With its exploration of individual guilt versus institutional culpability, and setting of the British Army in Iraq, it’s no surprise “The Mark of Cain” picked up Amnesty Intl.’s Movies That Matter prize at Rotterdam. Nicely played drama by TV helmer Marc Munden never shakes a small-screen feel (“Cain” is skedded for broadcast on Blighty’s Channel 4 later this year), turning preachy when emotional addresses interrupt the action in a message-driven “this is an important telefilm” way. Still, crix reception will be strong and a small Stateside release is possible.
Pic could only have been more topical if released immediately following the Abu Ghraib revelations, an obvious source of inspiration along with the “extensive research” touted in the opening credits. Eighteen-year-old Mark (Gerard Kearns), nicknamed Treacle, is shipped off to Basra with his friend Shane (Matthew McNulty). Recruits are warned that the “mark of Cain” will be branded on any private mistreating the locals, but the soldiers quickly learn there are times when a little public beating is encouraged.
These early scenes in Iraq (actually shot in Tunisia) are the most cinematic, and Munden is especially good at evoking the paranoia of a group of fresh-faced country boys discovering that even a Coke can might conceal a detonator. When their company captain is killed in an ambush, Corporal Gant (Shaun Dooley), previously a voice of reason, decides it’s time for the unit to mete out their own brand of justice, encouraging his men in the kinds of mental and physical tortures made notorious at Abu Ghraib.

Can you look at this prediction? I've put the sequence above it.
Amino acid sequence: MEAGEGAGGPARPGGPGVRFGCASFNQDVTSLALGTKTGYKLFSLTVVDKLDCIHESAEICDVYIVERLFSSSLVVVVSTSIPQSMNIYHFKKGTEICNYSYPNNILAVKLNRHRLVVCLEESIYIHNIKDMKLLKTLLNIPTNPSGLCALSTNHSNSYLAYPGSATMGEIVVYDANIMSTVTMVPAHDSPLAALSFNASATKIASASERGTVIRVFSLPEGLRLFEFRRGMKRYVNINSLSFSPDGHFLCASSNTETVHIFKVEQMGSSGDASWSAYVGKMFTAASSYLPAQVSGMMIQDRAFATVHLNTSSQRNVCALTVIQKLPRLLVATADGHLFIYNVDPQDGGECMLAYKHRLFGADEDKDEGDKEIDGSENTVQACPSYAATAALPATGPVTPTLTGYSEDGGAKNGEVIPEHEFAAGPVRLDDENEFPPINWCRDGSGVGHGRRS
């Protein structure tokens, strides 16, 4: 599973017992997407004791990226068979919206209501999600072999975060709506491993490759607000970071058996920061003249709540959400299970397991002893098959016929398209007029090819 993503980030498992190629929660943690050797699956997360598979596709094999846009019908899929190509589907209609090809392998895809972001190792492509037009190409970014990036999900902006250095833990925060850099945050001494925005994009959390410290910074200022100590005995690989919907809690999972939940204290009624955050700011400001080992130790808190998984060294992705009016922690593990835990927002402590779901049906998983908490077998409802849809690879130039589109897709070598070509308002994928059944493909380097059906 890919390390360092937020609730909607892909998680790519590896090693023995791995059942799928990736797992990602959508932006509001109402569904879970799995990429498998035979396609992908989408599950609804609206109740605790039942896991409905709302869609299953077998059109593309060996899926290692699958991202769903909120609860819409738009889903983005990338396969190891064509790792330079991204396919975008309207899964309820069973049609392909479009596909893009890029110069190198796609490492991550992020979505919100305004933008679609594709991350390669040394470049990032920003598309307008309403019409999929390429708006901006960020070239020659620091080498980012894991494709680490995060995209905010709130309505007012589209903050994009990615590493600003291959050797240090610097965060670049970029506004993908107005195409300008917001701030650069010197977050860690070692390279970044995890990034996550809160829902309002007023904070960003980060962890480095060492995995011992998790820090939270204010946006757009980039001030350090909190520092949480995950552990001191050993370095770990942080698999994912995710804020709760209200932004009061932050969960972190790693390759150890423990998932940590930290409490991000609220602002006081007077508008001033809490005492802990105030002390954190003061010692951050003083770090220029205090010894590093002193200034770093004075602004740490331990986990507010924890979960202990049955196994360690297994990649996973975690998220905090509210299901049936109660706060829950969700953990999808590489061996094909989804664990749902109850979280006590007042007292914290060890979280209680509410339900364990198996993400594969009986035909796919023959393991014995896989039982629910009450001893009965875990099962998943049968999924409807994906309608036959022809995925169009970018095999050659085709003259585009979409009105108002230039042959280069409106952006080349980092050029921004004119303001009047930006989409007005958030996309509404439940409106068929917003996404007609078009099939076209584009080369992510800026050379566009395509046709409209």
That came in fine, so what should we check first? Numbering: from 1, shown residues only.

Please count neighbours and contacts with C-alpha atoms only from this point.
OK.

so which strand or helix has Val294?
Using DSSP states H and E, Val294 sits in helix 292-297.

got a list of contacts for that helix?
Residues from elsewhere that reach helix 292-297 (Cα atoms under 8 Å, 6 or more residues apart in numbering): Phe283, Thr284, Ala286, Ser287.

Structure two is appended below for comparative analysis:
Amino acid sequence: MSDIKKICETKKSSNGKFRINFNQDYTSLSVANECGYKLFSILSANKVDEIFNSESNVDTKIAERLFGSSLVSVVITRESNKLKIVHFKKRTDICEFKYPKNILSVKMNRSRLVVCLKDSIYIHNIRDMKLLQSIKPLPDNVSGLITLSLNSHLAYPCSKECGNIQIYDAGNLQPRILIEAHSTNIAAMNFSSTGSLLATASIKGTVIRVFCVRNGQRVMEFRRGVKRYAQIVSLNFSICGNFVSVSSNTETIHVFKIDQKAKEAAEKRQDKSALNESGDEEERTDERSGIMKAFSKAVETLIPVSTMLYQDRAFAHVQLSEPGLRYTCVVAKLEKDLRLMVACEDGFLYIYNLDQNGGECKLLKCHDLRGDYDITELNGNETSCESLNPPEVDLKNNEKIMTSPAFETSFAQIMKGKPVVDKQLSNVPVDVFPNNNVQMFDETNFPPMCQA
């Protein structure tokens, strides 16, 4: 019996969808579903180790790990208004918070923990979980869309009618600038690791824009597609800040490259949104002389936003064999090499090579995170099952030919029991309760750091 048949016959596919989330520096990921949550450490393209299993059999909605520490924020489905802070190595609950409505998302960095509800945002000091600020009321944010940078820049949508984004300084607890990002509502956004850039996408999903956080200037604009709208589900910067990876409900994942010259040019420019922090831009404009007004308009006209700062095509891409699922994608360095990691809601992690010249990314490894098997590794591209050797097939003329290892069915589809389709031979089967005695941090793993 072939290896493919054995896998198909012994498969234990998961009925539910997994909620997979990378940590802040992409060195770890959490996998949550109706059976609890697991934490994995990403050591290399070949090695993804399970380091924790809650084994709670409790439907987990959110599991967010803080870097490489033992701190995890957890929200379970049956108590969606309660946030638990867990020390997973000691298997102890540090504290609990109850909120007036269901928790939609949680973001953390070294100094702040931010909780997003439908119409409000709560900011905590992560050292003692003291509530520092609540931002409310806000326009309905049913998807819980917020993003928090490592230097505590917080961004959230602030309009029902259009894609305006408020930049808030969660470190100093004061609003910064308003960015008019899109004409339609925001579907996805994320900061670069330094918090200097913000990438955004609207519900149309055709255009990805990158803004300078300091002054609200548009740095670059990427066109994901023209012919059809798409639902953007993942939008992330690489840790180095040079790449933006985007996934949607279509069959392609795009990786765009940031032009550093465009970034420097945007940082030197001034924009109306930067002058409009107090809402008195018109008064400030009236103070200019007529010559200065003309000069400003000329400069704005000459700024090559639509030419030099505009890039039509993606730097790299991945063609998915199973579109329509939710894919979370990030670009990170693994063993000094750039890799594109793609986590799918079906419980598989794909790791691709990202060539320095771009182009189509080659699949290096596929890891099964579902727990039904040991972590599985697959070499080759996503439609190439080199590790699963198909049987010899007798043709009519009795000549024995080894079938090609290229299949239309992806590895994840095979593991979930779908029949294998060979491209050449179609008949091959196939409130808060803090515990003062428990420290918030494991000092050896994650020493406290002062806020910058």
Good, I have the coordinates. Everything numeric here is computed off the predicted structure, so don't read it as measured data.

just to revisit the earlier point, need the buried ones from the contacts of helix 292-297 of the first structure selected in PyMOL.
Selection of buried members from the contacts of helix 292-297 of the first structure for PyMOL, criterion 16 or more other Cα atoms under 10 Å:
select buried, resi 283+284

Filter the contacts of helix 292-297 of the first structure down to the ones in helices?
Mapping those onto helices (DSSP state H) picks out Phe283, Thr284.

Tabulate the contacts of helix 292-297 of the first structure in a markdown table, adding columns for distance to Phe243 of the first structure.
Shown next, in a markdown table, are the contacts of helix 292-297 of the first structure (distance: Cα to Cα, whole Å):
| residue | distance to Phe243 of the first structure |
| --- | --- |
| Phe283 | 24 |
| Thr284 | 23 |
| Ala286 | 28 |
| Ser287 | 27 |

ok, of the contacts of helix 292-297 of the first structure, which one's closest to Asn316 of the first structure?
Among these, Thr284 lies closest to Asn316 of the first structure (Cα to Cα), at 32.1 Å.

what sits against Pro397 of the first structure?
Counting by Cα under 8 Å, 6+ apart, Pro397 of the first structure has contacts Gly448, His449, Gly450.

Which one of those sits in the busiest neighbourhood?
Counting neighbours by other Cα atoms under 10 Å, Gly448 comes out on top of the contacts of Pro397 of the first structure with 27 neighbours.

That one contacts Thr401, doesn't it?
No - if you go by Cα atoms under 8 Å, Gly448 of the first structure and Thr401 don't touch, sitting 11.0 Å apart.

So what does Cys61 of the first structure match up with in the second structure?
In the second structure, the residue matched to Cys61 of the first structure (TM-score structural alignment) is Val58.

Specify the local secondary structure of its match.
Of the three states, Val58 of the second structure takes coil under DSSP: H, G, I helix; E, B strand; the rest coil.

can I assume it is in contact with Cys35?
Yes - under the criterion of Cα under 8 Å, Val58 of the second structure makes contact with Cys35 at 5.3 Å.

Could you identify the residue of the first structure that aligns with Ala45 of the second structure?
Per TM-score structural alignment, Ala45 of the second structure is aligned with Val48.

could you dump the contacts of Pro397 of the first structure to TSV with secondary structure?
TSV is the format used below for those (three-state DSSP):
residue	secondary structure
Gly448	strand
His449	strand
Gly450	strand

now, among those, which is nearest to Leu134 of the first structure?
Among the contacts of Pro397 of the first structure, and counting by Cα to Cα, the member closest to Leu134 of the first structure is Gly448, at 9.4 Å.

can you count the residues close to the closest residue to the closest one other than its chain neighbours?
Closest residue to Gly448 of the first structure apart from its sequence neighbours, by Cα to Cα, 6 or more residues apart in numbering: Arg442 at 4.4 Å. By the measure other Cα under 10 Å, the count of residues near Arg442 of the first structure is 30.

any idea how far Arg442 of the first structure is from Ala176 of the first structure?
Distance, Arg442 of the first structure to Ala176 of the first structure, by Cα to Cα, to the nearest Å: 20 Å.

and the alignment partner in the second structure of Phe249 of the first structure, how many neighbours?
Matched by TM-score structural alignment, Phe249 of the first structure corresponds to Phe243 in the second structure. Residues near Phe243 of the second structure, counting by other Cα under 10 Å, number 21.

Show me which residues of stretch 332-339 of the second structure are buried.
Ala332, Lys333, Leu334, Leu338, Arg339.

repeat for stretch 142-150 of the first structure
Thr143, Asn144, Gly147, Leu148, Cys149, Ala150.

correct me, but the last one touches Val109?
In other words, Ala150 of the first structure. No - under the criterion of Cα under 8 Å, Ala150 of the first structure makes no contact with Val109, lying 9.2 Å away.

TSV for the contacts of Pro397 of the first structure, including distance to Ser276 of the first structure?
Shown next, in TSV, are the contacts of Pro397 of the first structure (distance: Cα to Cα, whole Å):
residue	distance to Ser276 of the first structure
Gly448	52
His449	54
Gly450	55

Once back in the U.K., Treacle and Shane find adjusting to home life difficult. Shane, a more active participant in the tortures than the reluctant Treacle, shows off the snapshots he took to g.f. Shelly (Naomi Bentley), who releases them to the press when she discovers he’s been cheating on her. The big brass announce an investigation, but the low men on the totem pole are left unprotected by their superiors, and Treacle, haunted by guilt, cracks under his own self-disgust.
Scripter Tony Marchant built a reputation for tackling major topics on the small screen, and his undisguised purpose is to draw attention to the off-handedness with which officers sacrificeenlisted men who are merely conforming to accepted, even encouraged, behavior.
Film’s construction, however, feels a little too crafted, saving the full revelations for a climactic courtroom scene whose power is undercut by the rather obvious build-up.
Problems also arise in Shane’s character, turned into a hero for the purposes of viewer identification but thereby making it too easy to forget he was an enthusiastic participant in the brutality. Not that he should be a monster, but the metaphorical bleach job on Shane’s mark of Cain is too pat for comfort.
Despite their youth, most cast members have strong U.K. TV credentials; while Kearns is top notch, McNulty’s turn is the showier perf.
Tech credits don’t betray the low budget, though sound is occasionally muffled. Strong accents, and scenes with walkie-talkies, could benefit from subtitling for American auds.